But I remember in 1992 – I came out in a magazine, a New York publication. We just had just released Good Stuff and I remember thinking that I had wanted to come out publicly. I knew at that point it was inevitable; it was going to happen anyways because it was really on the radar then. Madonna was being very outspoken and supportive of gay rights – things were just opening up. More people were coming out publicly and I wanted to do that for myself – more than anything.
And so I did and it was a complete non-event [laughs]. It was good for me. It was nice to have it out there but it didn’t make headlines [laughs harder]. I don’t think anyone was really surprised.”
The B-52s’ Keith Strickland
“Do You Know The Way To San Jose” was actually the first song lyrics I could ever memorize off the radio. Take us back to winning your first Grammy. Did you ever think that song would be such a worldwide smash hit?
“Ah no, because I hated it. [Laughs]. But it caught the ear of the general public and they seemed to love it.
I still get when I’m going to the airport or in a grocery store and be – ‘Do you know the way to San Jose, Dionne?’”
Can you take us back to what your reaction was when Prop 8 passed – were you stunned?
“I was matter of fact. I talked to different people, I talked to Matt’s husband and both Matt and Greg are very involved, and political. I remember talking to Greg [before it went to vote] and he was sort of doubtful it was going to be defeated because the community sort of dropped the ball on that. People did suspect that something was going to go terribly wrong – that the campaign against it wasn’t as good as it could have been. It kind of unraveled at the end. And it was also a bit confusing to tell people to vote no on it.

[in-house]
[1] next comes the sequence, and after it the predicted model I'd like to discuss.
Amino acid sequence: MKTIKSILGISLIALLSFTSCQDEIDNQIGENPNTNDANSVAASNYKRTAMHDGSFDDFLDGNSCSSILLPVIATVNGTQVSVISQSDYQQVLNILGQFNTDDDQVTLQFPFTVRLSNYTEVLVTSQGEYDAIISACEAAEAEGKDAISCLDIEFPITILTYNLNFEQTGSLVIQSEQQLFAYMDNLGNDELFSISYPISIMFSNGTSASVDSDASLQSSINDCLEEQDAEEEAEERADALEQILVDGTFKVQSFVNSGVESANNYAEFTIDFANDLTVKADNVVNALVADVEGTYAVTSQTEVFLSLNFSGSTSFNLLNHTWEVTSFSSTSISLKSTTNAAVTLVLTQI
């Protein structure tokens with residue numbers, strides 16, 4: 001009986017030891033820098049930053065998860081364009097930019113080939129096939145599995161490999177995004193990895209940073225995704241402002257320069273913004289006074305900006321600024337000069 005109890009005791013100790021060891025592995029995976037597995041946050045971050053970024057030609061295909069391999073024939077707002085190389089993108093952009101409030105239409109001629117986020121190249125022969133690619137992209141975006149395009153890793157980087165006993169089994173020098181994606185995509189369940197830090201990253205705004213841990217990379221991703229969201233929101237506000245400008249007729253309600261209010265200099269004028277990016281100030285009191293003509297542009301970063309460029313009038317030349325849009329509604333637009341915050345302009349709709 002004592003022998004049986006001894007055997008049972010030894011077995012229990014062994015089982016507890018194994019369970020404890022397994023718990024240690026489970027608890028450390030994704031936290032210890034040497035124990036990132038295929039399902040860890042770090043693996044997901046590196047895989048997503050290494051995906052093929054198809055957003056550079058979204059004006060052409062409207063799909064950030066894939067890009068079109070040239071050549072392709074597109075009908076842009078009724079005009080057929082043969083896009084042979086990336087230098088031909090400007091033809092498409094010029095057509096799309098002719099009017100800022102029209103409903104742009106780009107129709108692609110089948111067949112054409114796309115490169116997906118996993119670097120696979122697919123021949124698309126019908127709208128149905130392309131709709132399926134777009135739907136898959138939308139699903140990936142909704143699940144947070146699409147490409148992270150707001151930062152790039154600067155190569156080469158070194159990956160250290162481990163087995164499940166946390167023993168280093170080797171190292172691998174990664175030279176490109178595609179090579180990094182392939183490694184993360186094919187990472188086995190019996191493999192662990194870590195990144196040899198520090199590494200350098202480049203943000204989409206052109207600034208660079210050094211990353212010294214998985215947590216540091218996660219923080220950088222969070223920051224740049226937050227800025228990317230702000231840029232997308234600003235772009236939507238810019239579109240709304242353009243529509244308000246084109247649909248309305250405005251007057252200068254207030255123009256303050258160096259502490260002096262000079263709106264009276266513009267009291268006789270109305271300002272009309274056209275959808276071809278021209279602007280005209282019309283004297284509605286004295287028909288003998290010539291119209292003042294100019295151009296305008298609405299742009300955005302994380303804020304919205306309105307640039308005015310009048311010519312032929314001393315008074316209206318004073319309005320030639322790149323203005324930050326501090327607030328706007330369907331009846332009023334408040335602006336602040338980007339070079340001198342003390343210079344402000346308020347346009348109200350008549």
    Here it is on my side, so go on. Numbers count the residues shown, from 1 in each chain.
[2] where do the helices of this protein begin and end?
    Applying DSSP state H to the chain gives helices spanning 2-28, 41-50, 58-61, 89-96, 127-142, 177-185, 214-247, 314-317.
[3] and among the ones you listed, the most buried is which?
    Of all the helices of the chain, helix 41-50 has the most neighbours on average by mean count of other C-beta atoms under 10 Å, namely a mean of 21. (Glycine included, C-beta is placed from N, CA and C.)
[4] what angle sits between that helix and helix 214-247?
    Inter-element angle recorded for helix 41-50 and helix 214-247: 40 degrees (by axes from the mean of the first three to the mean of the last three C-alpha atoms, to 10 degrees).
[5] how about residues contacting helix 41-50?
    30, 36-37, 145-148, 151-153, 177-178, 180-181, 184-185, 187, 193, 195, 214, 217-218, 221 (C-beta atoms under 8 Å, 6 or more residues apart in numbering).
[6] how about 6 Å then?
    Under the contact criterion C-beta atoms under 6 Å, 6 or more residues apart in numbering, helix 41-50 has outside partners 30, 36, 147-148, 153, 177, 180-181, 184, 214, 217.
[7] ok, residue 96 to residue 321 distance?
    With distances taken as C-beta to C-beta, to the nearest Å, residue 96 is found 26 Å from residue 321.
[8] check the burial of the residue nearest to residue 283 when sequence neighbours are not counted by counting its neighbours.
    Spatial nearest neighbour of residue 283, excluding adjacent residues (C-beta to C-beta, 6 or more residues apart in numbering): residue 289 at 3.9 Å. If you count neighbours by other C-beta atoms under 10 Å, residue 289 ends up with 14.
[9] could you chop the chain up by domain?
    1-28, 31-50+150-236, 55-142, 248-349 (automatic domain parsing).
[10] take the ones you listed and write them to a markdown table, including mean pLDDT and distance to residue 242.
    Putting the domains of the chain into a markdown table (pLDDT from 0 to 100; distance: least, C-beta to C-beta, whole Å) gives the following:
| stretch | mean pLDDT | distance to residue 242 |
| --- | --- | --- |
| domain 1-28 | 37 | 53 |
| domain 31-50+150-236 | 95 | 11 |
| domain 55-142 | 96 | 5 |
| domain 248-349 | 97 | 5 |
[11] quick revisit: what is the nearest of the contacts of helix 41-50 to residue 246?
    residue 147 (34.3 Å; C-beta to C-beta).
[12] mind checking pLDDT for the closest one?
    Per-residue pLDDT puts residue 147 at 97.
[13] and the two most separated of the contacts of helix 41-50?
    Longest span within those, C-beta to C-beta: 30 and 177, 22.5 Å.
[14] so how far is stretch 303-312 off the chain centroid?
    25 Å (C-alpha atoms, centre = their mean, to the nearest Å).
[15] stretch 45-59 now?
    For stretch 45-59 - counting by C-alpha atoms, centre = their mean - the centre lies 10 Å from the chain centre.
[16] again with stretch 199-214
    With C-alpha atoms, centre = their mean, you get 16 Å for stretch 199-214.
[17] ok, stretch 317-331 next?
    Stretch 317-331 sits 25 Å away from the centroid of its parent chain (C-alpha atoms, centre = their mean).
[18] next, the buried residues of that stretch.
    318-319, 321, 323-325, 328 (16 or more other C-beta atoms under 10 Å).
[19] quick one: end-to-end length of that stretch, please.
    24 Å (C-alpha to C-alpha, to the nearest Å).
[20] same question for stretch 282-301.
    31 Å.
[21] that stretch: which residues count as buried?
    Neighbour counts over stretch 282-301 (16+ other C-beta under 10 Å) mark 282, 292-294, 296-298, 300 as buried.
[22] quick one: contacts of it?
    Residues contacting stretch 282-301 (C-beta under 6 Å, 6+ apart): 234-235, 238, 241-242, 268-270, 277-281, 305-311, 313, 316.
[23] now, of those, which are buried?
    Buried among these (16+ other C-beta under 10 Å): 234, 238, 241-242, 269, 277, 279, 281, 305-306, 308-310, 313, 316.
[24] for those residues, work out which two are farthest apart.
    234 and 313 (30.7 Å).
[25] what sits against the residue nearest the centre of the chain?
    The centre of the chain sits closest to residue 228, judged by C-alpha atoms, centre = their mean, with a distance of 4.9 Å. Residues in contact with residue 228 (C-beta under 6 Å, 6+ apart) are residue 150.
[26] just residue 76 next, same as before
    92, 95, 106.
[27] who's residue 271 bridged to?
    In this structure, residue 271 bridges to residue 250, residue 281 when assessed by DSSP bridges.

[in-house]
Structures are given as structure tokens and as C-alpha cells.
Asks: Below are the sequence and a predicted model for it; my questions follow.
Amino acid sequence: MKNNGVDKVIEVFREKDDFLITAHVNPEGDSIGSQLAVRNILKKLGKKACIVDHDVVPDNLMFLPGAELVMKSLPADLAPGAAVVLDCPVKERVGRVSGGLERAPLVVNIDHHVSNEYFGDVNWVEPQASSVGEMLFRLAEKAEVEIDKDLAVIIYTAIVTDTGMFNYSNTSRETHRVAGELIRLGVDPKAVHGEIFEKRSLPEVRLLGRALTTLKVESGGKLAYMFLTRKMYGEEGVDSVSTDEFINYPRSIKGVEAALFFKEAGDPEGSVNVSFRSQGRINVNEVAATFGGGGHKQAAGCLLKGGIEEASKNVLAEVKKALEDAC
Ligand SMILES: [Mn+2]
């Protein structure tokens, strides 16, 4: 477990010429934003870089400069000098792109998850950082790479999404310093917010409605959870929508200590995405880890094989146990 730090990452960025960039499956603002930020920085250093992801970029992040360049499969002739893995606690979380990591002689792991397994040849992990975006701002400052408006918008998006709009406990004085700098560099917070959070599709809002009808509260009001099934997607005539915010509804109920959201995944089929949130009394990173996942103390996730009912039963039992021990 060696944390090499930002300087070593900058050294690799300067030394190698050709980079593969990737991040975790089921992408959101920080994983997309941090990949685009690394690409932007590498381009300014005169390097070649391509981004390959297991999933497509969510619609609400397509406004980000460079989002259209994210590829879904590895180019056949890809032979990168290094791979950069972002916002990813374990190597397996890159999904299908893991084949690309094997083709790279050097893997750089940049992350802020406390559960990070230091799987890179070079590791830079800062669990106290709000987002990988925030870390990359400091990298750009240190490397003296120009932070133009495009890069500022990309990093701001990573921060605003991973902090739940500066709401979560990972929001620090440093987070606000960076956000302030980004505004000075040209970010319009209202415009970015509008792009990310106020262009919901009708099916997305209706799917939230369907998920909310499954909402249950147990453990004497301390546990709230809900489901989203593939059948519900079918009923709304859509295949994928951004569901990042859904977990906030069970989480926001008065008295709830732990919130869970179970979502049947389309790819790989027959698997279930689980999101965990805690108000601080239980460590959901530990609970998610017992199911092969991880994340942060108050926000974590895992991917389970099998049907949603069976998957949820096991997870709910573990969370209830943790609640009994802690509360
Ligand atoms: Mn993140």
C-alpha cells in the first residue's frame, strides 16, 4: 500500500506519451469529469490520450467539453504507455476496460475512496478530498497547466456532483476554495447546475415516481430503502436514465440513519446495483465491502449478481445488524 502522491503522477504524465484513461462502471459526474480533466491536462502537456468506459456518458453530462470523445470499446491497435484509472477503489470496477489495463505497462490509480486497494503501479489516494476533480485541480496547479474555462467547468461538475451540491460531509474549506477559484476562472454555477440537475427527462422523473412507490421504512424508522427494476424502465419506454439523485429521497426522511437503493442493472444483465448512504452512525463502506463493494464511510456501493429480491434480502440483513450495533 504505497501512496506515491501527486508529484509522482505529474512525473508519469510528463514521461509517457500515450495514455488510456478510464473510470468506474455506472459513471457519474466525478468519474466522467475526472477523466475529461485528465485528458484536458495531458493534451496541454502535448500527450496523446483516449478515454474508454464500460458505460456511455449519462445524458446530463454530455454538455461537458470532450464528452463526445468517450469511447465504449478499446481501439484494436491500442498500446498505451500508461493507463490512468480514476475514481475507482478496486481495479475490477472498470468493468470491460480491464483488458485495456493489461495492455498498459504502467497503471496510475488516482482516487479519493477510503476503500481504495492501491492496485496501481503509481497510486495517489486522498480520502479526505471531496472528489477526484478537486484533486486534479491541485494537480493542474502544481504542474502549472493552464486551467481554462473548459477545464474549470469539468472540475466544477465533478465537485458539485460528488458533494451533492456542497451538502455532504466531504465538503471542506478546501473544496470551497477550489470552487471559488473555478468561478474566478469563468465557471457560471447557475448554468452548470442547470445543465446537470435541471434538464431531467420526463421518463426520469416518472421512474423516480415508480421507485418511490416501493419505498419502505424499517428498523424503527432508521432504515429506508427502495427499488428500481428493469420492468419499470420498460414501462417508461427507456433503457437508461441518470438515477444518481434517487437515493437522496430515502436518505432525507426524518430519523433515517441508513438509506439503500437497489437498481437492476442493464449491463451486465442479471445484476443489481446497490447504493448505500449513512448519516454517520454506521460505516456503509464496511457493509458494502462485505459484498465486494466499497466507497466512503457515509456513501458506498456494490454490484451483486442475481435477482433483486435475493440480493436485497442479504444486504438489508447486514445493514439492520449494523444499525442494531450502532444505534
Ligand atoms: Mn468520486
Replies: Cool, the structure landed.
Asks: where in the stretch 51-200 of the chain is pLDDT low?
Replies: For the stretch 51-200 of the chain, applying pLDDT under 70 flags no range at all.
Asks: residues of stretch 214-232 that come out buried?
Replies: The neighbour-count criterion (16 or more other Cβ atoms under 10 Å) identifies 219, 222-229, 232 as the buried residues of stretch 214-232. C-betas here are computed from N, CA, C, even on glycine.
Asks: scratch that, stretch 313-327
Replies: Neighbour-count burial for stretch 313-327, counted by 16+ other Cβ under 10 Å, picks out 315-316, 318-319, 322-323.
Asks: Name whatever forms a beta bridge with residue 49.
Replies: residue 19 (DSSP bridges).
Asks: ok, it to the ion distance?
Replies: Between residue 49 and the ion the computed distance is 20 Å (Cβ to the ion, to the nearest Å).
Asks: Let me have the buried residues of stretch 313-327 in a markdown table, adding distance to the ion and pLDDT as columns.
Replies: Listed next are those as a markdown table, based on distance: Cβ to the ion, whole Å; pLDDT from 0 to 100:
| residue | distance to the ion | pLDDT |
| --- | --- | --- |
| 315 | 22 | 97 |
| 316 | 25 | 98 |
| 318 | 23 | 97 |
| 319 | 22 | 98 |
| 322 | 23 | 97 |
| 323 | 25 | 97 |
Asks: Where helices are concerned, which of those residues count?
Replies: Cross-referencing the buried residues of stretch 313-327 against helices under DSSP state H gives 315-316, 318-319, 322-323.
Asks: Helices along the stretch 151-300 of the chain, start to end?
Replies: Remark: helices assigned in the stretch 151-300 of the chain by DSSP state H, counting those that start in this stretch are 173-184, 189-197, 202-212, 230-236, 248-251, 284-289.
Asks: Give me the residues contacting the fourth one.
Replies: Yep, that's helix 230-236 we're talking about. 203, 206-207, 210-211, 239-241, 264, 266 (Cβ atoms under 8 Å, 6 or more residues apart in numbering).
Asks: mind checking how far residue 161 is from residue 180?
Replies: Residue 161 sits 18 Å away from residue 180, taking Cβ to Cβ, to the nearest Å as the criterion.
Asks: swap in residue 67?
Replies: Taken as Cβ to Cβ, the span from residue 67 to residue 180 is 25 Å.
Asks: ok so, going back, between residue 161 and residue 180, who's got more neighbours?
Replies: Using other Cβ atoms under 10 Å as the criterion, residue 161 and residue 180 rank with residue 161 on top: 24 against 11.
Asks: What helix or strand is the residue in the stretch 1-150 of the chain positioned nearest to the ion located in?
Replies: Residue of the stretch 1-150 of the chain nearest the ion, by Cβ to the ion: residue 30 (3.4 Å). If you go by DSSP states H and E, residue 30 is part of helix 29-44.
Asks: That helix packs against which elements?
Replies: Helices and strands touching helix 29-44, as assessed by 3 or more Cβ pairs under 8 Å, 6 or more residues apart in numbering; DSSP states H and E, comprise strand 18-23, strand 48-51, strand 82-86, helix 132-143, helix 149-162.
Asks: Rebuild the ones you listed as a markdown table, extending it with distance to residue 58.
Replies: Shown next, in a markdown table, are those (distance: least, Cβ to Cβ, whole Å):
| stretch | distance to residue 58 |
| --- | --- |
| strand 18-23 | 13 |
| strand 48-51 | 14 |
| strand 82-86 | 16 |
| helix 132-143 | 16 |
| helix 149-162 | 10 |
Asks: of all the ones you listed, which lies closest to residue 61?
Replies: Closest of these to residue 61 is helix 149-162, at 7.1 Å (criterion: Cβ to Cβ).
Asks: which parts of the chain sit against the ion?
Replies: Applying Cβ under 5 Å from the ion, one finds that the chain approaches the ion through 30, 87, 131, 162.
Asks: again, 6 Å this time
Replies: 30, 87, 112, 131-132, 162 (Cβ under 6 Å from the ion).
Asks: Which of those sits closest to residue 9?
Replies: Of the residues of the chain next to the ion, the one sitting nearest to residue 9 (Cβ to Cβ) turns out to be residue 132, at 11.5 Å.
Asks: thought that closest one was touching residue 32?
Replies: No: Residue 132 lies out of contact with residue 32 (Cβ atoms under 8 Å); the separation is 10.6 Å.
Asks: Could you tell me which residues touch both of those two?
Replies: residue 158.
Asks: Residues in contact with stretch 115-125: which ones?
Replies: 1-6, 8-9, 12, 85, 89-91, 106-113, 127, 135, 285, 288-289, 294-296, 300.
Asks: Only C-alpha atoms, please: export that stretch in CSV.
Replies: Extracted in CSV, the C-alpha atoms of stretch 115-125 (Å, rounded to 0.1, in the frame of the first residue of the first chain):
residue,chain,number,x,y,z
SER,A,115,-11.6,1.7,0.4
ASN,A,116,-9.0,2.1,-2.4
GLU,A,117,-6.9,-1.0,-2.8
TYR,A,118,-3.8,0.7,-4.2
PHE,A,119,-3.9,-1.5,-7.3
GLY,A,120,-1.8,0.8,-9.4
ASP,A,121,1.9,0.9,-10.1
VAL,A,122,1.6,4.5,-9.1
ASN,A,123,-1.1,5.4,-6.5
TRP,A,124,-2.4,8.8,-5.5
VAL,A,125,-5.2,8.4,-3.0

And I also feel they were just kind of strange in the way the films that they chose to put on their site – they just got very weird with the campaign. Instead of embracing everyone who wanted to help they got very particular and said, ‘no we have to do the campaign like this.’ It was like a train wreck.
That being said, I do feel it was like we lost the battle but not the war. Eventually it will be as strange to people [not allowing gay marriage] as slavery is to us now. People will look back upon it and think ‘How was that possible? How did these laws discriminate against gay marriage?’ It’ll be really strange to people one day when they look back upon it.”
You became such a beloved, generation defining icon because of your roles in The Breakfast Club, Pretty In Pink, and Sixteen Candles: was that a burden or a blessing for you and your career?
“I think it’s both, really. I feel that those films as you’ve pointed out are very special and I’d be crazy to say it’s not an honor to be in something that has lasted over the generations – they’ve passed the test of time and are still around today. And they really mean a lot to a lot of people so I’m definitely honored that I was the girl who inspired John Hughes who put me in these movies.